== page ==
On “from Hark, a journal: 1864-1967”
It follows that if one speaks of literality, one is talking about a position already formulated, orally or in writing, whatever be the truth of the phrase.
        Emmanuel Hocquard, Crosscut Universe: Writing on Writing from France
From February to August, 2011, one of my main writing projects was the poetry manuscript “The underside of the line,” subtitled “[a book of certain days].” In this particular work, I wanted to return to the poem as my compositional unit, or at least move somewhat closer, after years of composing full collections, and beyond. Perhaps I could return to a collection of poems of the occasion, as Robert Creeley suggested, in that books and authors merely the accumulation of such individual moments, movements, occasions and pieces, striking from step to subsequent step, even before the event.

There are three sequences that make up the “Hark, a journal” pieces in the manuscript—“from Hark, a journal: 1599-1863,” “from Hark, a journal: 1032-1863” and “from Hark, a journal: 1864-1967.” It was around this time, or just before, that my partner, the poet Christine McNair, and I had started exchanging small postcards and letters. We were relatively new in our relationship, and still circling each other, hesitantly reaching out, attempting to learn as much as possible. These were small, secret missives, slipped into luggage, pockets or purses before trips, to be deliberately discovered later. On a Greyhound Bus, I reached into my jacket pocket to find three new postcards; halfway between Ottawa and Toronto, little gifts she’d tucked away without my knowledge.

Christine’s notes to me were usually composed on postcards she’d picked up years earlier, and written as though from not only the postcard’s point-of-origin, but that time as well, dated months or even years before we’d met. She wrote me from the Royal Opera House, “Feb 2006,” The Music Room, Royal Pavillion, “c. 2005,” and The British Museum, “circa 2003/2004,” where she wrote “The reading room (once used for the British Library) is beautiful + full of history, but dead. All the writers who wrote here and now it’s only a shell, book-lack.” I was fascinated by the idea of letters written from foreign geographical and temporal places, sketched out as short postcard pieces.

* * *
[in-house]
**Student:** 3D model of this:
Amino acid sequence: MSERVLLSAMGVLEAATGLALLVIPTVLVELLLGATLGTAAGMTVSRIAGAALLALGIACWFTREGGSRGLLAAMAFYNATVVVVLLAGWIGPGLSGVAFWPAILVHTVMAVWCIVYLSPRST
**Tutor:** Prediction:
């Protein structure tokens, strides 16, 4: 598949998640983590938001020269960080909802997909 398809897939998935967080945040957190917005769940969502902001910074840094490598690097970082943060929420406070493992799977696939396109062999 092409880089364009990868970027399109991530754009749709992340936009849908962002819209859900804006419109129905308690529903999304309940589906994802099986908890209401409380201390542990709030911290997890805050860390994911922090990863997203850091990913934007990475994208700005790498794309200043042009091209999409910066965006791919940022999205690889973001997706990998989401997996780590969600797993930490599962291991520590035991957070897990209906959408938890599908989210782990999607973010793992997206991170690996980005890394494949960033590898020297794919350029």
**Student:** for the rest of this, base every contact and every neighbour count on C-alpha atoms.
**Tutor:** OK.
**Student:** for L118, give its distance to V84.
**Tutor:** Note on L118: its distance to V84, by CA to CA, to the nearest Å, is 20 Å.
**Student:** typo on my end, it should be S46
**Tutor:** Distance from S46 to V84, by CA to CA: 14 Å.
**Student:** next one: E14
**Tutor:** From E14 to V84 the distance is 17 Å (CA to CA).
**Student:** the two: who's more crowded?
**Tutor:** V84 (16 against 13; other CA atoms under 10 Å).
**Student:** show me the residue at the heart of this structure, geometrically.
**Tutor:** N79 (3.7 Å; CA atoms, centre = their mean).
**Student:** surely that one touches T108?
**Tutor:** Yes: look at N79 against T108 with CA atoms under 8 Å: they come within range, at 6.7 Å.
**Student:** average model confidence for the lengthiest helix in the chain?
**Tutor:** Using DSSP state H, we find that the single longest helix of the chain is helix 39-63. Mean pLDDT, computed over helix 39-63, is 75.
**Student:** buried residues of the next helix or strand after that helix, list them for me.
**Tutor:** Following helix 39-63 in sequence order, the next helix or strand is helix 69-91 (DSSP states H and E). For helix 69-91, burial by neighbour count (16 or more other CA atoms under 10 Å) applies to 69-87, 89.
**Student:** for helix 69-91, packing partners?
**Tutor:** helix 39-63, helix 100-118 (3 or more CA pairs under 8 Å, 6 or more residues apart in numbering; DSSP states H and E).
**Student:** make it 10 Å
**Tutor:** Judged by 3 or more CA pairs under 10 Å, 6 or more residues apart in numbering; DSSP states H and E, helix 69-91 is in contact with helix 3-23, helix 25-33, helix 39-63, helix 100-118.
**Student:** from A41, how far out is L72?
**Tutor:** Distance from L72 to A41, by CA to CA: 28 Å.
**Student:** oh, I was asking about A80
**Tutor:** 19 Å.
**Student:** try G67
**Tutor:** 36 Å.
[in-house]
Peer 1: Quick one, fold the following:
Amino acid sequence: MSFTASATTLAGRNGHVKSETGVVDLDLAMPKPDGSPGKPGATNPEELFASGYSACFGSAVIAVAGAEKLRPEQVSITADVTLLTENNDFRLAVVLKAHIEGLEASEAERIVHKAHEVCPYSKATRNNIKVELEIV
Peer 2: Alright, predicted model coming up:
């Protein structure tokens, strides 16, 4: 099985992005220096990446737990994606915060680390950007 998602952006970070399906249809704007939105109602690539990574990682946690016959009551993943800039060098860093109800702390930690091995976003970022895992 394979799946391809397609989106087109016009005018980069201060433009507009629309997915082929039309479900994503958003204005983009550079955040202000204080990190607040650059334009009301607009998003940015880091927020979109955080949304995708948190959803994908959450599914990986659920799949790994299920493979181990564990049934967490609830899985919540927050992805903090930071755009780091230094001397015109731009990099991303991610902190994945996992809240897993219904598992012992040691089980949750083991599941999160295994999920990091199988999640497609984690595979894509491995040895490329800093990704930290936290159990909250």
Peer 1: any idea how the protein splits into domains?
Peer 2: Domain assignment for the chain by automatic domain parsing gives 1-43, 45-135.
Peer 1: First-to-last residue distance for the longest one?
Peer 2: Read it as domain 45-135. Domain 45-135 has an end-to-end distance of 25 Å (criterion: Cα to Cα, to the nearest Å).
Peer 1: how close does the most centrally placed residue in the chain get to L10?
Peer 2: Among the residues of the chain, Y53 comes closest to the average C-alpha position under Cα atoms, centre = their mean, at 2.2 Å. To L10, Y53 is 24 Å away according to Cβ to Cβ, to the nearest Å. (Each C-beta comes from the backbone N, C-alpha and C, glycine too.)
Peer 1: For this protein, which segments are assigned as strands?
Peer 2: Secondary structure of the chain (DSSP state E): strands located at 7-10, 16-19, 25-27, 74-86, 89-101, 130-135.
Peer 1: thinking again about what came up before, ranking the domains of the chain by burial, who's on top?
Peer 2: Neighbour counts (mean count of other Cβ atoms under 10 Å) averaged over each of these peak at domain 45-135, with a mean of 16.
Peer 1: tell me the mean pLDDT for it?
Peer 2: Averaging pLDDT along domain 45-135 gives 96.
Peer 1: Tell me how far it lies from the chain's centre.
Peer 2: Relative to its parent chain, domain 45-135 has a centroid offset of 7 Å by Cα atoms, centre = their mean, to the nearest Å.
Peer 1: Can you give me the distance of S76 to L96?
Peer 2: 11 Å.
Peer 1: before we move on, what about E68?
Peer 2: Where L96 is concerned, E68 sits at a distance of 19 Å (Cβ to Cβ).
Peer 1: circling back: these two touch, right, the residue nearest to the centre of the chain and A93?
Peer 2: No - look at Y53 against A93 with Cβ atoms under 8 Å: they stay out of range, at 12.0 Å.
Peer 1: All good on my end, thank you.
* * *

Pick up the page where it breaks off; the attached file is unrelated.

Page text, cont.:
The title is borrowed from Kate Beaton’s “Hark, a vagrant,” a magnificent comic strip writing extremely smart and funny perspectives from history (focusing, it seems, on Canadian and British histories), and I liked the idea of each piece written as a semi-diary or journal entry. I thought of 19th-century handwritten letters slipped into a rider’s hand, along with a bottle as payment, as the missive went sailing off, galloping through the moors.

During this period, I was heavily influenced by Crosscut Universe: Writing on Writing from France (Providence RI: Burning Deck, 2000), an anthology edited and translated by Norma Cole [see my related essay on that book and its influence on me and my writing, here], and each of the three sequences begins with a different quote from the collection. Written as a direct result of the prose poems I had discovered there, each piece was written relatively quickly, incorporating as much information on the host city as possible. I wanted each poem to be grounded in real fact, engaging with each city as much as possible, in small spaces. I wanted each poem centred in a different city across the globe, scattered geographically and temporally as well. How far could a poem go?

I wanted these short poems to read as conversations, between writers, partners and cities, as a handful of postcard-poems from, for and to their particular locales. Composed as responses to Christine’s postcards, perhaps the entire series is no more complicated than their original trigger, one distance reaching out to another, at the beginnings of our ongoing conversation.